Residents are reminded to be cautious after a black bear has been spotted in Marysville.
WildSafeBC is warning the community about the bear sighting, noting that the bear has been conditioned to eat garbage.
Keeping garbage indoors or in a secure location is an important part in deterring bears and other wildlife.
“For the most part the bear is driven by its insatiable appetite – mainly because of their need to put on about 30% of their post hibernation body weight to make it through the next winter’s sleep,” said WildSafeBC officials.
Kimberley’s solid waste bylaw requires residents to keep garbage secure until collection day, as to attract less wildlife.
That said, it is not always a guaranteed solution.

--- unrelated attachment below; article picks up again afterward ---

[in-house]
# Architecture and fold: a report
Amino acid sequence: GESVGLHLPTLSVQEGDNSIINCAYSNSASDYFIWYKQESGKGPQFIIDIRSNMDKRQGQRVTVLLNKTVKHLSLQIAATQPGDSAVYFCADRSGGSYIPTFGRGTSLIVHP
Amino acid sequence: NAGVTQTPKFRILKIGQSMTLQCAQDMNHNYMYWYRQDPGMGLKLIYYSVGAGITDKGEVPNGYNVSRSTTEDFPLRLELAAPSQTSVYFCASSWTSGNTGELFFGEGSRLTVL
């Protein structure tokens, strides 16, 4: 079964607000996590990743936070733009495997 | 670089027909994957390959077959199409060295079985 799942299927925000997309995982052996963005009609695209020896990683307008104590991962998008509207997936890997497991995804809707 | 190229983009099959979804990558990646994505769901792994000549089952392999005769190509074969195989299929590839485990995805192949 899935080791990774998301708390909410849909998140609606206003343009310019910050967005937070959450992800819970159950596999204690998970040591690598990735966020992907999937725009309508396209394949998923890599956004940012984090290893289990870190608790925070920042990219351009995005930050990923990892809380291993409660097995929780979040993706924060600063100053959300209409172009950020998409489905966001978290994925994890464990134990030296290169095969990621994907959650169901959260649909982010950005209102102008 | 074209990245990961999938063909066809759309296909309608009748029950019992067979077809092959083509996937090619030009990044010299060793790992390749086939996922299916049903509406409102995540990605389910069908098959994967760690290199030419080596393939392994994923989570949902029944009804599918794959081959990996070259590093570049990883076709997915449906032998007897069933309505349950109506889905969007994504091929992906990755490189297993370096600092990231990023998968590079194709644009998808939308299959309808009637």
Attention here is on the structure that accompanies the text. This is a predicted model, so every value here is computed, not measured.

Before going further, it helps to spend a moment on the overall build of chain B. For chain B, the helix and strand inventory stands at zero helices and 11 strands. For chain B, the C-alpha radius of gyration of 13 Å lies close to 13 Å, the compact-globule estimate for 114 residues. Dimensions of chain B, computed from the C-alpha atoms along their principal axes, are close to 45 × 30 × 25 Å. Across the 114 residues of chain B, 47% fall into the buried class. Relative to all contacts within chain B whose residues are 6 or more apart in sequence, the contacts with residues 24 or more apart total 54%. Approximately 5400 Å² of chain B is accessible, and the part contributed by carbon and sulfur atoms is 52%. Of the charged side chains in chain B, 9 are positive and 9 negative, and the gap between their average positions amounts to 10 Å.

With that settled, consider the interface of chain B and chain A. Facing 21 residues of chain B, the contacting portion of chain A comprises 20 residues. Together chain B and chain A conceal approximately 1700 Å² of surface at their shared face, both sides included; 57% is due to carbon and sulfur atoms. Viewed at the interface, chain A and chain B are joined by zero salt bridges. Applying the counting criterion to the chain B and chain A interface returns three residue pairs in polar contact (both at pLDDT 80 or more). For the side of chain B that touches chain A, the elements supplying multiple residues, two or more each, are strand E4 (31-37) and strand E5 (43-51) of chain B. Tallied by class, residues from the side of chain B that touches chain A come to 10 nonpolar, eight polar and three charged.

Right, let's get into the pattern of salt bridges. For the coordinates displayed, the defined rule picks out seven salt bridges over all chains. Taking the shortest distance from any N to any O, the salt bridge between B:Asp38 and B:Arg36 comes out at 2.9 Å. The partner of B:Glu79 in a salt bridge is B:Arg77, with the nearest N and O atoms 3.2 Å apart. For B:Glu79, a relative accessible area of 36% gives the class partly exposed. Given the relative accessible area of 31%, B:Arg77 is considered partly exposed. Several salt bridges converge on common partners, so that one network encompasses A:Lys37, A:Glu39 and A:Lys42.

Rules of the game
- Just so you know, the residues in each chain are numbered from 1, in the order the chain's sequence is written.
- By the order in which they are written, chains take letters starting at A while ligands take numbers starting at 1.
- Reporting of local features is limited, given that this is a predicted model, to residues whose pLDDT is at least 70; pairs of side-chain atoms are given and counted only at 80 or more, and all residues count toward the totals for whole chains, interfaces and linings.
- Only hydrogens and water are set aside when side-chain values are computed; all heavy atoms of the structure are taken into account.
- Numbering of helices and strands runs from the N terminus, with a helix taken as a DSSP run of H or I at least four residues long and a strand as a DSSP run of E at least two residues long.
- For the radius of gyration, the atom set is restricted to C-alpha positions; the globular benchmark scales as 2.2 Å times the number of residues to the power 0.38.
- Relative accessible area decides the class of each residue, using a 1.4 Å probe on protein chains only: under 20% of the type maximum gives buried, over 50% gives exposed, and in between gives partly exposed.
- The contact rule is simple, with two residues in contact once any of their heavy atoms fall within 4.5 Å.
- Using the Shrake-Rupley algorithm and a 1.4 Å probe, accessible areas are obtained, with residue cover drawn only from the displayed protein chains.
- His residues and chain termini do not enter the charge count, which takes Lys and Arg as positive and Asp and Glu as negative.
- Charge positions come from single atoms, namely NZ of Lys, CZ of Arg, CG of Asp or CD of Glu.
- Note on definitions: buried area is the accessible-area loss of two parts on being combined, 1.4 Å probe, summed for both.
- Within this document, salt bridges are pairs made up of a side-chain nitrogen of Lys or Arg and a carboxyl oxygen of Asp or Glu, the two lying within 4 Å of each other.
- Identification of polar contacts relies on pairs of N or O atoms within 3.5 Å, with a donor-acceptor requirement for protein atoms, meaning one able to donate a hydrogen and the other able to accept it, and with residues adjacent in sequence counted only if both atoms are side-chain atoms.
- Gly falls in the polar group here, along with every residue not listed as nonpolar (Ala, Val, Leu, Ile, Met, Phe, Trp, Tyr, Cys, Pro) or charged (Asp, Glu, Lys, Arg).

“Bears also can get into your garbage the day of collection – so please, if you have any extra smelly waste, freeze it or take it to the transfer station as soon as possible,” said officials with WildSafe.
With warmer weather, garbage will heat up and give off more of a smell, which animals can pick up from further away.
Officials also noted that garbage is the number one attractant cited in bear reports.
Encounters with bears and other wildlife can be reported to the Conservation Officer Service RAPP line at 1-877-952-7277.